It would be fit to say that I quite liked the book and enjoyed it very much. There were times that Anna's decisions or her thoughts made me frown or shake my head, but it was for times like this one here, I continued on.
"“WHAT DO YOU mean, you won’t marry me?” Edward paced from the curio shelf at one end of the small sitting room to the settee at the other end, pivoted, and came back again. Not such a great feat since he could cross the entire room in three strides. “I’m an earl, goddammit!”
Anna grimaced. She should never have let him into the cottage. Of course, she hadn’t had much choice at the time, since he’d threatened to break down the door if she didn’t open it.
He had looked quite capable of doing it, too.
“I won’t marry you,” she repeated.
“Why not? You were eager enough to fuck me.”
Anna winced. “I do wish you would stop using that word.”
Edward swung around and assumed a hideously sarcastic expression. “Would you prefer swive? Tup? Dance the buttock jig?”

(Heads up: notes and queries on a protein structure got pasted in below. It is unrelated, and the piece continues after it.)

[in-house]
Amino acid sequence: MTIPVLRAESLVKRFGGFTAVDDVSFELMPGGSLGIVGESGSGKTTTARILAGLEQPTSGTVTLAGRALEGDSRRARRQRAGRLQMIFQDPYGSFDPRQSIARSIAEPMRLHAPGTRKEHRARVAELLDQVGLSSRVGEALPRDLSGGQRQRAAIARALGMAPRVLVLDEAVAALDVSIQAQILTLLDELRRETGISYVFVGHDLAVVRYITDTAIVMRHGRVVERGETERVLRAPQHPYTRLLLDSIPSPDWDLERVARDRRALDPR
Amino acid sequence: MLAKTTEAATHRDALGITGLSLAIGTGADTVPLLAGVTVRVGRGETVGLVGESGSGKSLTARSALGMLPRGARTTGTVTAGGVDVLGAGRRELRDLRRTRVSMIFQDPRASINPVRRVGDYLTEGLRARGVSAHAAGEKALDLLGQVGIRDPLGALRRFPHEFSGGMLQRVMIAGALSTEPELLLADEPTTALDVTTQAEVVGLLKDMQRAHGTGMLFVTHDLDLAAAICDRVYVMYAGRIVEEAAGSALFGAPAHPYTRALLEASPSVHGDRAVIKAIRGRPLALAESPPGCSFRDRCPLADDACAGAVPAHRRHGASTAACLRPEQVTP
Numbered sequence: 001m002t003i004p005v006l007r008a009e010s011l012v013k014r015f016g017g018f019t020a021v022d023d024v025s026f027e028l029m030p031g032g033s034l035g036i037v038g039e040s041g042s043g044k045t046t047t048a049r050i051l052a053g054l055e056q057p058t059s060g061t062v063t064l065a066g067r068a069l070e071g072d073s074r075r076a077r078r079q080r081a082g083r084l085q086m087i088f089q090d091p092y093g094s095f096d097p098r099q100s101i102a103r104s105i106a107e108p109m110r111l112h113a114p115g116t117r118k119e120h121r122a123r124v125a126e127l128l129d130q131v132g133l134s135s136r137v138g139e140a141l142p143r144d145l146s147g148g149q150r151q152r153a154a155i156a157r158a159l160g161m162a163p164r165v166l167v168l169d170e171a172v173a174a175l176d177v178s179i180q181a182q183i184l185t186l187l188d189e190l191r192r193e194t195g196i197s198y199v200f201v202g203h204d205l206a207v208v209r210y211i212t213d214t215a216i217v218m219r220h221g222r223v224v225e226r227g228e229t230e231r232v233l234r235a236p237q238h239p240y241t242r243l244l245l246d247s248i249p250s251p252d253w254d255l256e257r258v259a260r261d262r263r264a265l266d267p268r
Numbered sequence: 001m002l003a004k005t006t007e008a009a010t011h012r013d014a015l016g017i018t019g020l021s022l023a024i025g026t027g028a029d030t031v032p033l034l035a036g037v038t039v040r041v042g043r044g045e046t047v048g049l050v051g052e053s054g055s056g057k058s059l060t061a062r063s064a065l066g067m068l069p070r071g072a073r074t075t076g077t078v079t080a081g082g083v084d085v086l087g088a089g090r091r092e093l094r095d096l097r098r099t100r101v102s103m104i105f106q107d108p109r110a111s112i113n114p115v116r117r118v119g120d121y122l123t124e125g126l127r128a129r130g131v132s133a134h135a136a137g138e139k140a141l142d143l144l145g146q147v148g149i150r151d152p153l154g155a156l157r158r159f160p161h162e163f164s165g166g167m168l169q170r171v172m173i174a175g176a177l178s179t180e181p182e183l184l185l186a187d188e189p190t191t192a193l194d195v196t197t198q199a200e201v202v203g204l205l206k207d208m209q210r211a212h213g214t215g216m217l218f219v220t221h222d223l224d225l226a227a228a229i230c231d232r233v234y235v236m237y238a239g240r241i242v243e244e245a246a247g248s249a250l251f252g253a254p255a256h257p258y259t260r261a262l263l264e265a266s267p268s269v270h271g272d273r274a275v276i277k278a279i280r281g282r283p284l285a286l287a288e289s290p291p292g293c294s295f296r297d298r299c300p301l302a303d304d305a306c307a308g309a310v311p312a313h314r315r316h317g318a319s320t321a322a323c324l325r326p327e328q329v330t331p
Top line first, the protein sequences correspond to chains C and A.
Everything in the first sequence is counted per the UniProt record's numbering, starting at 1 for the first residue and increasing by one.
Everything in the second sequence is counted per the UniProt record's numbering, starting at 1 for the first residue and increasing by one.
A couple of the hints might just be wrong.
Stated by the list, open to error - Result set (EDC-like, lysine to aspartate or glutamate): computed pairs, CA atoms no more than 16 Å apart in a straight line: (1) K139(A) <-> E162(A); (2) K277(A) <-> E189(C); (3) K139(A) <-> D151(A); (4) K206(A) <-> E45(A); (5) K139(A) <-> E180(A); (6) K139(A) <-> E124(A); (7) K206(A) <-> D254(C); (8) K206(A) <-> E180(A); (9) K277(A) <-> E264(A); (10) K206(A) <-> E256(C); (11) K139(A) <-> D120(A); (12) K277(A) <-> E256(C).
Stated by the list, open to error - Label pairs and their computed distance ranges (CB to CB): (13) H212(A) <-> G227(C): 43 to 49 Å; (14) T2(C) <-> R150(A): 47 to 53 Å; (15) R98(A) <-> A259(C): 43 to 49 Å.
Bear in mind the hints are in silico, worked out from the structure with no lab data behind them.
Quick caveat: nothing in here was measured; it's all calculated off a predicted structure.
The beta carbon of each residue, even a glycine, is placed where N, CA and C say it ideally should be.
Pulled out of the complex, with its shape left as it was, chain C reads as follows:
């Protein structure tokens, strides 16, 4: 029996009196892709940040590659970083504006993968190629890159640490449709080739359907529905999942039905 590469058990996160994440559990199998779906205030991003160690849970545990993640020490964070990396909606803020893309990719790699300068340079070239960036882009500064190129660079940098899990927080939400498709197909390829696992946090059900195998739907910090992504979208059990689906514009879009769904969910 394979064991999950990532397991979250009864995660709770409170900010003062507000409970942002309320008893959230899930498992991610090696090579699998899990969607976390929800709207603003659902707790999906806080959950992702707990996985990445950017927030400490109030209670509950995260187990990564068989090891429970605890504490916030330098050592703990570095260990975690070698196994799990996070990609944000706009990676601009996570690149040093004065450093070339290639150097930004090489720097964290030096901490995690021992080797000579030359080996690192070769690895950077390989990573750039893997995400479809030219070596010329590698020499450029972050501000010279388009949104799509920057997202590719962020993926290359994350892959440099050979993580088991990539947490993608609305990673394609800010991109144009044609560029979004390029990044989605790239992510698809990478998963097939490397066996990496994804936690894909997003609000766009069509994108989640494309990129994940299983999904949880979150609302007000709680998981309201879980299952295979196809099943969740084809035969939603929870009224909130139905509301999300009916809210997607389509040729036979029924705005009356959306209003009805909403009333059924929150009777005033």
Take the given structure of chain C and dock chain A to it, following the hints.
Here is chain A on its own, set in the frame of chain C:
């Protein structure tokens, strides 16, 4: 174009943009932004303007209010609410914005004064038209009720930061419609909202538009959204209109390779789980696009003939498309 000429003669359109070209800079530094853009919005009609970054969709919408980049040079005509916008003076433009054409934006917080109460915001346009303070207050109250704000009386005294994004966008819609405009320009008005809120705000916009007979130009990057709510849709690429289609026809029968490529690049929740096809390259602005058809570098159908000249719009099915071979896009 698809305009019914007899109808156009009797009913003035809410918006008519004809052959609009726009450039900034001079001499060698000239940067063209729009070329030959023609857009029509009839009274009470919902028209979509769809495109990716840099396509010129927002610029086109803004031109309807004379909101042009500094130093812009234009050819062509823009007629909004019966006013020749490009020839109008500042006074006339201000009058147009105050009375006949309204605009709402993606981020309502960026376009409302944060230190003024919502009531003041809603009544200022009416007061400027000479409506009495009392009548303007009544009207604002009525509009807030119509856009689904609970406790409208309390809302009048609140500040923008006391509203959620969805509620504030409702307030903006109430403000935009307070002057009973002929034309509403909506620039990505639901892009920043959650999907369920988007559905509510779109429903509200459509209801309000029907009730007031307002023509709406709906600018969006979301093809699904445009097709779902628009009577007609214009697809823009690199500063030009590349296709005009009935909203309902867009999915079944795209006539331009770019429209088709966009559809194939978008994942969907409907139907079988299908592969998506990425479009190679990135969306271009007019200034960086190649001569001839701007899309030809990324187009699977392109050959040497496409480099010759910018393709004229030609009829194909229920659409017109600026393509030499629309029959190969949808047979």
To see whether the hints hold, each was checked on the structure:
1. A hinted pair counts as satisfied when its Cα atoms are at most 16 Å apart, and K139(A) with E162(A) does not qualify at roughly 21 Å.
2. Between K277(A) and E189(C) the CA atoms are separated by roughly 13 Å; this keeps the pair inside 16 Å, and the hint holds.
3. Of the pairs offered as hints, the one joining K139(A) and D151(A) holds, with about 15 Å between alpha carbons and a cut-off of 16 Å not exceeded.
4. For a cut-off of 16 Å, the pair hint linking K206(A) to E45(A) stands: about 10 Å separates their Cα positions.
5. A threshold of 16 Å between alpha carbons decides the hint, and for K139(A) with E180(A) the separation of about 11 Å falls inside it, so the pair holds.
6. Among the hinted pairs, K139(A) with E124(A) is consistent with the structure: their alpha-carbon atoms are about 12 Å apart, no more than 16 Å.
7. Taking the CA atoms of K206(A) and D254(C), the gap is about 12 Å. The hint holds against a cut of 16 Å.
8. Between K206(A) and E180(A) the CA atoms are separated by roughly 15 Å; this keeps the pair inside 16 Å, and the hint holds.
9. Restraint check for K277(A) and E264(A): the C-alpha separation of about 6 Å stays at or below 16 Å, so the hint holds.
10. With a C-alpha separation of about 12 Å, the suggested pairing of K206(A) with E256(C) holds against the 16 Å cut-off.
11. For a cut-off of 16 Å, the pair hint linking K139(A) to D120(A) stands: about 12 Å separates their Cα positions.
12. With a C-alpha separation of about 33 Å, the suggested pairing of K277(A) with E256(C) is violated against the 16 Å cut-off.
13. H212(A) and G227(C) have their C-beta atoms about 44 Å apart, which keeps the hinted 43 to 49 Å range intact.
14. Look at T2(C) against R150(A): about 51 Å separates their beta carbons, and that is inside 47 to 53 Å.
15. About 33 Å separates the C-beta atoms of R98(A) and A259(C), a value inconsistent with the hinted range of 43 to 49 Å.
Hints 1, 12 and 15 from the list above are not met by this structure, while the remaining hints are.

She compressed her lips. Thank goodness Mother Wren and Fanny had gone shopping this morning. Edward was making no effort to lower his voice.
“You don’t want to marry me.” Anna spoke slowly and enunciated each word as if talking to a hard-of-hearing village idiot.
“Whether I want to marry you or not isn’t the issue, as you well know,” Edward said. “The fact is, I must marry you.”
“Why?” She blew out a breath. “There is no possibility of a child. As you have made abundantly clear, you know I am barren.”
“I have compromised you.”
“I’m the one who went to Aphrodite’s Grotto in disguise. It seems to me that I compromised you.” Anna thought it commendable that she did not wave her arms in the air in exasperation.
“That’s ridiculous!” Edward’s bellow could probably be heard back at the Abbey.
Why did men think that saying something louder made it true?""
Of course, like Hoyt's every other book, this one deserves no less than 4 stars and has an incredible blend of excellent writing, sensual story-line and new concept with a lingering promise of more.
As the story progressed on, came a scene where Anna decided to go all selfless and sacrificing and left our charming Earl for the greater good.